by Molly Rector
Addressing astronomical data growth and increasing accessibility demands
Over the last 10 years, “Data Growth Continues its Breakneck Pace”1 could be the name of a regular column in any storage publication. Massive data growth has become the norm, which means that data center strategies have to address constantly increasing storage requirements. Many technologies have emerged to meet this need, and most attention has been showered on disk technologies such as virtualization, deduplication, and replication.
One of the more recent advancements involves a proven veteran of the data center: tape. Industry analyst Jon Toigo writes that “one of the most exciting developments in storage last year [was] Tape NAS [network attached storage].”2 Advances in tape have moved it from primarily backup to the first and second lines of data defense. The key advancement: making tape look like disk.
With this, administrators now have the option of using a single interface to access all storage. With tape and disk displayed using a directory structure interface, users can retrieve data independent of the media platform. With the much, much lower cost and power usage required of tape, this is good news for IT professionals and chief financial officers.
An added advantage is that all data can optionally be kept online, by combining disk with tape as NAS. With roughly 60-second latency, users can access all data stored on tape. Instead of having to ask administrators to access older data, a time-consuming process, users control data requests with only minimal latency.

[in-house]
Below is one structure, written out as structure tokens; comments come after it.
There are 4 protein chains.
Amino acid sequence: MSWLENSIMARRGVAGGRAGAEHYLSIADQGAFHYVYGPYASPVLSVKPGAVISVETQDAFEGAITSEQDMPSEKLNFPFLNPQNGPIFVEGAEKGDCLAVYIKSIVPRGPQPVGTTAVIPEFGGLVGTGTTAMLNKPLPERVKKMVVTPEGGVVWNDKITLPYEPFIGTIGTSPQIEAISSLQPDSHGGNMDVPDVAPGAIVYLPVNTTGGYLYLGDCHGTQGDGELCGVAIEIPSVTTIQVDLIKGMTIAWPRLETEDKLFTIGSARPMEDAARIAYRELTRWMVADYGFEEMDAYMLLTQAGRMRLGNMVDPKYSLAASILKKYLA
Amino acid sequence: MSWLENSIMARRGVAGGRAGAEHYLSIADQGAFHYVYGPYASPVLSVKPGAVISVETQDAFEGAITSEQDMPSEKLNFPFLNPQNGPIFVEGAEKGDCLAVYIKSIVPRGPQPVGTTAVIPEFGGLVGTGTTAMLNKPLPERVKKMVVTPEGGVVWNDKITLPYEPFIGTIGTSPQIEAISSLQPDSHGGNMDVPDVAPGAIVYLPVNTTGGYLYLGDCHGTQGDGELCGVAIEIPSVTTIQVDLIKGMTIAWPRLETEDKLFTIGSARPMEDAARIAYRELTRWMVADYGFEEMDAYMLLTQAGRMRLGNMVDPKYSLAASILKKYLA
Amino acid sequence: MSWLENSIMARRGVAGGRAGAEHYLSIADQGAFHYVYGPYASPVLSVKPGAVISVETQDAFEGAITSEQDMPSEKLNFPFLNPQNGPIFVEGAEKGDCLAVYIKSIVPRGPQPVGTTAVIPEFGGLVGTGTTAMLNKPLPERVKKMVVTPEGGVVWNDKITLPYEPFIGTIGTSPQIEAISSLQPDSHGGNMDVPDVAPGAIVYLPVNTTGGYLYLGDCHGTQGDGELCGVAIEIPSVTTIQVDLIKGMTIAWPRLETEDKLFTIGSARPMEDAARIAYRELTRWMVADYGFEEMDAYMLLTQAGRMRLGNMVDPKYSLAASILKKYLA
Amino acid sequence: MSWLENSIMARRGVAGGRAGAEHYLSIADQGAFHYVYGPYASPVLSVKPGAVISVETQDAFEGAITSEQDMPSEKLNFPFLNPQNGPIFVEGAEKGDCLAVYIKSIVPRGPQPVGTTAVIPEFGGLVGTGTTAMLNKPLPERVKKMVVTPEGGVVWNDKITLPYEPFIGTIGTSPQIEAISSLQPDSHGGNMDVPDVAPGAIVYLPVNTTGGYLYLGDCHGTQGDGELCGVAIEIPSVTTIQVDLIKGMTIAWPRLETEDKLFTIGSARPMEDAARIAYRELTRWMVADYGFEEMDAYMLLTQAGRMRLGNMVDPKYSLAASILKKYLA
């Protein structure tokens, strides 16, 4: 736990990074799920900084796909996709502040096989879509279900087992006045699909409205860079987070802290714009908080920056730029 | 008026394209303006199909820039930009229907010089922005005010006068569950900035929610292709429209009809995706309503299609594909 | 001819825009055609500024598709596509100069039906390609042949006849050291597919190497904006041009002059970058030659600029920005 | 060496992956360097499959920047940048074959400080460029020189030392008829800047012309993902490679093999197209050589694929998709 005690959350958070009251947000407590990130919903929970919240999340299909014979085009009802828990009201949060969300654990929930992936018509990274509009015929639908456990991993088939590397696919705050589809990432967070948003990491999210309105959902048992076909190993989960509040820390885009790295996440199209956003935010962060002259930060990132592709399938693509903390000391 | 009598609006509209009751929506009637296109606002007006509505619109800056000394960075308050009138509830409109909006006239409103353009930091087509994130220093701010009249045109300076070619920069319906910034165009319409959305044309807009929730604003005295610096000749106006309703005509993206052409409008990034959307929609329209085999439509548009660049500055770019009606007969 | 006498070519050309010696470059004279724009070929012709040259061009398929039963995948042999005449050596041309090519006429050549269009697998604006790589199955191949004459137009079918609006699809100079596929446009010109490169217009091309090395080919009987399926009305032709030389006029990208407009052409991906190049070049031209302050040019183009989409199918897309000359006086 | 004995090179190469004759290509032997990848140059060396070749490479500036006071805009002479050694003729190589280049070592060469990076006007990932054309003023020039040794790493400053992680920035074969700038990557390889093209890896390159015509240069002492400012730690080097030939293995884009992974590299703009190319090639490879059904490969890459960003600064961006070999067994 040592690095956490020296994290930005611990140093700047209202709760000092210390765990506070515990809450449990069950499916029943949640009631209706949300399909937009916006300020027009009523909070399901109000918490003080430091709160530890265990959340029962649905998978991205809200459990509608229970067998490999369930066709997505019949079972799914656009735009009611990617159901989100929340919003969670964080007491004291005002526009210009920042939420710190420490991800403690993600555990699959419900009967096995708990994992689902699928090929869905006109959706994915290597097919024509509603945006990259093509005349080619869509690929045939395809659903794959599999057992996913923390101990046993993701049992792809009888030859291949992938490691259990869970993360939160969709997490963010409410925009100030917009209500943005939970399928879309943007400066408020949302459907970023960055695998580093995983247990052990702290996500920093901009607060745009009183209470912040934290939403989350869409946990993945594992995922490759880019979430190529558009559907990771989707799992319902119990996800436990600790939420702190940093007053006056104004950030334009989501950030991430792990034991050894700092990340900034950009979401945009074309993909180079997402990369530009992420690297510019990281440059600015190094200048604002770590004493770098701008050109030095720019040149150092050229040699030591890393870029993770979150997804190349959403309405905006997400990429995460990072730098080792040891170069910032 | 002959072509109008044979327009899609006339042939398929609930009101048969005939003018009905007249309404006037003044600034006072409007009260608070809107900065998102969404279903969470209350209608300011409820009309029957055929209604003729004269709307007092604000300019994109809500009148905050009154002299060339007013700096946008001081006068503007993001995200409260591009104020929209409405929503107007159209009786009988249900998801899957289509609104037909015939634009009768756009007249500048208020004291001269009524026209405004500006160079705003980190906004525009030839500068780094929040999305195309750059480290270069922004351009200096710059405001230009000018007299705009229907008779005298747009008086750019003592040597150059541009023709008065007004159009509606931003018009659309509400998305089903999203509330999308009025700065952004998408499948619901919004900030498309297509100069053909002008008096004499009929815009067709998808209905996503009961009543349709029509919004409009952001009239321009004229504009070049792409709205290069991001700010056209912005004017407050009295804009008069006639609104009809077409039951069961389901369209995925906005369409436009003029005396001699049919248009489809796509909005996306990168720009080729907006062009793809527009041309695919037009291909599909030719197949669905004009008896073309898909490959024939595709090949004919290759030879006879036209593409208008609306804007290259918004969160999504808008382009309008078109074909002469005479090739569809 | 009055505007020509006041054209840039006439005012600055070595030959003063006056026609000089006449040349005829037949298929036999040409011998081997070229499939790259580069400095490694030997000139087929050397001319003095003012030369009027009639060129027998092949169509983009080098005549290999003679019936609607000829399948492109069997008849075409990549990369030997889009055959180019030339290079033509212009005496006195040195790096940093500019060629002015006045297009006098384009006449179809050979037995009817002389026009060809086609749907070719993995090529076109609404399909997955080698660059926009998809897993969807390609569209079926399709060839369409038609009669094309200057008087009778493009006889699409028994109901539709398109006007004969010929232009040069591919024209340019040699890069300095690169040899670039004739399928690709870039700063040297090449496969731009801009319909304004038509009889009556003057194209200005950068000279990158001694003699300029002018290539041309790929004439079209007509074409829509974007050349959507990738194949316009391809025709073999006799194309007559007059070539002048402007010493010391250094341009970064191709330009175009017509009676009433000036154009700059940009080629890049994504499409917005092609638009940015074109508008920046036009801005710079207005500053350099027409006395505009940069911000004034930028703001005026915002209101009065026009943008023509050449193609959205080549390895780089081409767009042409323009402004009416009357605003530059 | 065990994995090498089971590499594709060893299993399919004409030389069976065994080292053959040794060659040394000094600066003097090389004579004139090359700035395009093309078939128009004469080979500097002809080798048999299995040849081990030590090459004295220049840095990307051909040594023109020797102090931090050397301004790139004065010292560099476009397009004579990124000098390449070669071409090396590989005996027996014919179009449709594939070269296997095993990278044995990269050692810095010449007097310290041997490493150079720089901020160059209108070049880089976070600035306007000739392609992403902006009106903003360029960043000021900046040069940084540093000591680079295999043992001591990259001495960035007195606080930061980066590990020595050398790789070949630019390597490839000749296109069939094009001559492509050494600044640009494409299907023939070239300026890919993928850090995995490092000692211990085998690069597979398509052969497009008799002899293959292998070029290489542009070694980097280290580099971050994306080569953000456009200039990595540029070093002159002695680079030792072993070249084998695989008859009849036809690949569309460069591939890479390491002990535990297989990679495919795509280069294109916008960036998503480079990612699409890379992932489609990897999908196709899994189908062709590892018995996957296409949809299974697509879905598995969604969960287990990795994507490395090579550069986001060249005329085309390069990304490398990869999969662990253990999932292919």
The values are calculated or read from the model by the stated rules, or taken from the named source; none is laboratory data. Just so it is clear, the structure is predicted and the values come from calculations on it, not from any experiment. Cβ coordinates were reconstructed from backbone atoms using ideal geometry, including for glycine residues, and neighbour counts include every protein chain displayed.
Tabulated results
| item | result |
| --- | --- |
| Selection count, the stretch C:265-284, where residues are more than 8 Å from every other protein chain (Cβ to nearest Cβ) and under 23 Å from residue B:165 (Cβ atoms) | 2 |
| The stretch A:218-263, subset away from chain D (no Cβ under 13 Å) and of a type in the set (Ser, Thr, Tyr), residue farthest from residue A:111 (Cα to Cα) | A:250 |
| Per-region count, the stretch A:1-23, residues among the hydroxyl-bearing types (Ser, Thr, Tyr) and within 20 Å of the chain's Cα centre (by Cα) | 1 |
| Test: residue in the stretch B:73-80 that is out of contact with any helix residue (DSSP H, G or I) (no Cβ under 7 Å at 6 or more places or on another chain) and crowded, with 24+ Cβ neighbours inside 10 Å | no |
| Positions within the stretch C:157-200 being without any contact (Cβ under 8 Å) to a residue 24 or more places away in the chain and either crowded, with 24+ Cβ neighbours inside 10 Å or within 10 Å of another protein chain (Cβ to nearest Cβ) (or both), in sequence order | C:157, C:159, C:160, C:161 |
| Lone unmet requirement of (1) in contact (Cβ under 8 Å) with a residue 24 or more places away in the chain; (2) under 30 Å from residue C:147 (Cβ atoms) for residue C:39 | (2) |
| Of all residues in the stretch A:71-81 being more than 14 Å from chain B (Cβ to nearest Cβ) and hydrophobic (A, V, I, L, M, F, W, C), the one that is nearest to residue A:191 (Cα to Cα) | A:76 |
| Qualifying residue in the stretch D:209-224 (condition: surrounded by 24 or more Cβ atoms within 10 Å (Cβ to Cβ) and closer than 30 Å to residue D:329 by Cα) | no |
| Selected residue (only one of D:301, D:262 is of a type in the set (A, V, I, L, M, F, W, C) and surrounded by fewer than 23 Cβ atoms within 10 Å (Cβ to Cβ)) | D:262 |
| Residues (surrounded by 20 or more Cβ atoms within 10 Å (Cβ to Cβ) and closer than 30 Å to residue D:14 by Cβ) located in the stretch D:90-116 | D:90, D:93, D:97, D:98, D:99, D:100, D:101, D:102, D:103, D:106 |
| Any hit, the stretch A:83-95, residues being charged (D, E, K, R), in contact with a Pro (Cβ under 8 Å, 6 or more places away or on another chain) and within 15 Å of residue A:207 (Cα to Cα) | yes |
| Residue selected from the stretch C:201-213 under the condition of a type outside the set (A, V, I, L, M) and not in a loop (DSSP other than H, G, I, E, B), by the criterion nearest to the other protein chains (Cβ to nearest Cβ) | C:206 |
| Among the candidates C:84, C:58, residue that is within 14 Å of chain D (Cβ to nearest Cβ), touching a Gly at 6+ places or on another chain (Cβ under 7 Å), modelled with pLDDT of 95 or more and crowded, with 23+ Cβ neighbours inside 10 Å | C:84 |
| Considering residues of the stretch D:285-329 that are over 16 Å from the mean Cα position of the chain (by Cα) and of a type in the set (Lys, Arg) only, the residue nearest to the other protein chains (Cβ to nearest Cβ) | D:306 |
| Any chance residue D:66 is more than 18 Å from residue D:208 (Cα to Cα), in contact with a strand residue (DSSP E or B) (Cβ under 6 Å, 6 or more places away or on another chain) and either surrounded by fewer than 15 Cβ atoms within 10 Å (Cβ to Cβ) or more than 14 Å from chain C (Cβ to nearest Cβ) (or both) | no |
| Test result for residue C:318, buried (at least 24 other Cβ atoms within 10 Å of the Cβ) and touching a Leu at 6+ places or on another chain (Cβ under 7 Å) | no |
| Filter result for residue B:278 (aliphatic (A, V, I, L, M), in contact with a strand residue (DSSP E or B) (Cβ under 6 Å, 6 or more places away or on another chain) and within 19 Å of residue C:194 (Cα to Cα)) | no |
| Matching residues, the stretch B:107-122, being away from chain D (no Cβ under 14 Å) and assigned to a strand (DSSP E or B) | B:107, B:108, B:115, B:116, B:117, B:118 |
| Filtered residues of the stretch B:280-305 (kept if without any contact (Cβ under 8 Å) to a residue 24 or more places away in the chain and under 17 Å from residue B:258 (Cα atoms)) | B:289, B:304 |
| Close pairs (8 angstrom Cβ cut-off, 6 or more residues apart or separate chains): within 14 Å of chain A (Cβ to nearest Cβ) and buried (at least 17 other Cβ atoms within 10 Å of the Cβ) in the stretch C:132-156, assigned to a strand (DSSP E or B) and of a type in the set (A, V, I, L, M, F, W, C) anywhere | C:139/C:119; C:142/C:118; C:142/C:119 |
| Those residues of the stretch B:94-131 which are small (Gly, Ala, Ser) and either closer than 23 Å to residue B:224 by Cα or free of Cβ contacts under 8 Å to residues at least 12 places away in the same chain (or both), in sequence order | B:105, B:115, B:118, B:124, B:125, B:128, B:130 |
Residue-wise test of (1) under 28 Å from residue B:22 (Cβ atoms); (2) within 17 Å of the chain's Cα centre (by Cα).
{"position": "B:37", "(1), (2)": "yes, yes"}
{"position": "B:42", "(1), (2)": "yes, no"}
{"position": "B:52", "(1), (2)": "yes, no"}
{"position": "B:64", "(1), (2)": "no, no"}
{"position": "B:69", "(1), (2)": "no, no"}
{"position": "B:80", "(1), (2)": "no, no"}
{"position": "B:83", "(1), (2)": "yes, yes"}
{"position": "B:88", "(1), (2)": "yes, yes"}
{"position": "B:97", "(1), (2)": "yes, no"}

The how-to on using tape as NAS is simple: Applications and appliances are already on the market, and it’s simple to add Linear Tape File System (LTFS), which presents data stored on LTO and TS drives using a file system format.
LTFS: The Why is the How
The move to use tape as NAS has gained momentum from the 2010 announcement of LTFS. With LTFS, the drive writes an index describing data on tape to a known location. Prior to this advancement, tape’s linear format didn’t support this sort of indexing.3
On reflection, it’s clear that disk has the same problem: Data is written randomly on the disk, so the data must be tracked so that it can be reassembled. Disk reserves space in a known location for an index. Now, LTO and IBM TS1140 drives do the same thing using partitions.
Since indexing is essentially pointers, the index requires little space. And the index is on the tape, so the tape is self-indexing.
The LTO consortium adopted LTFS as part of the LTO standard. LTFS is open source, which means tapes written with LTFS use “a standard format so that data could be interchanged between writers and readers regardless of operating system, tape, tape drive or software vendor.”4 That, combined with the users’ freedom to access data stored on tape without requiring administrator intervention or a proprietary application, means that LTFS is ready to use out of the gate.
The LTFS format is just one approach to presenting data on tape as though the data were stored on a disk or flash. Sites with large data sets, such as those in the high performance computing and the media and entertainment industries, have been accessing data this way for years.
Implementing tape as NAS is
straightforward. Add NAS tape using:
LTFS applications Software Appliances integrating disk and an application Cloud-based tape as NAS
Tape as NAS: Using LTFS
IBM researchers created LTFS using open source code, which stores the tape’s “table of contents” schema in XML. The design of LTFS came out of work for the media and entertainment industry, and it is designed for a much broader set of uses.5 LTFS works across multiple operating systems, and extended versions expand on the original code to work with tape libraries.
as NAS: Using a Third-Party Application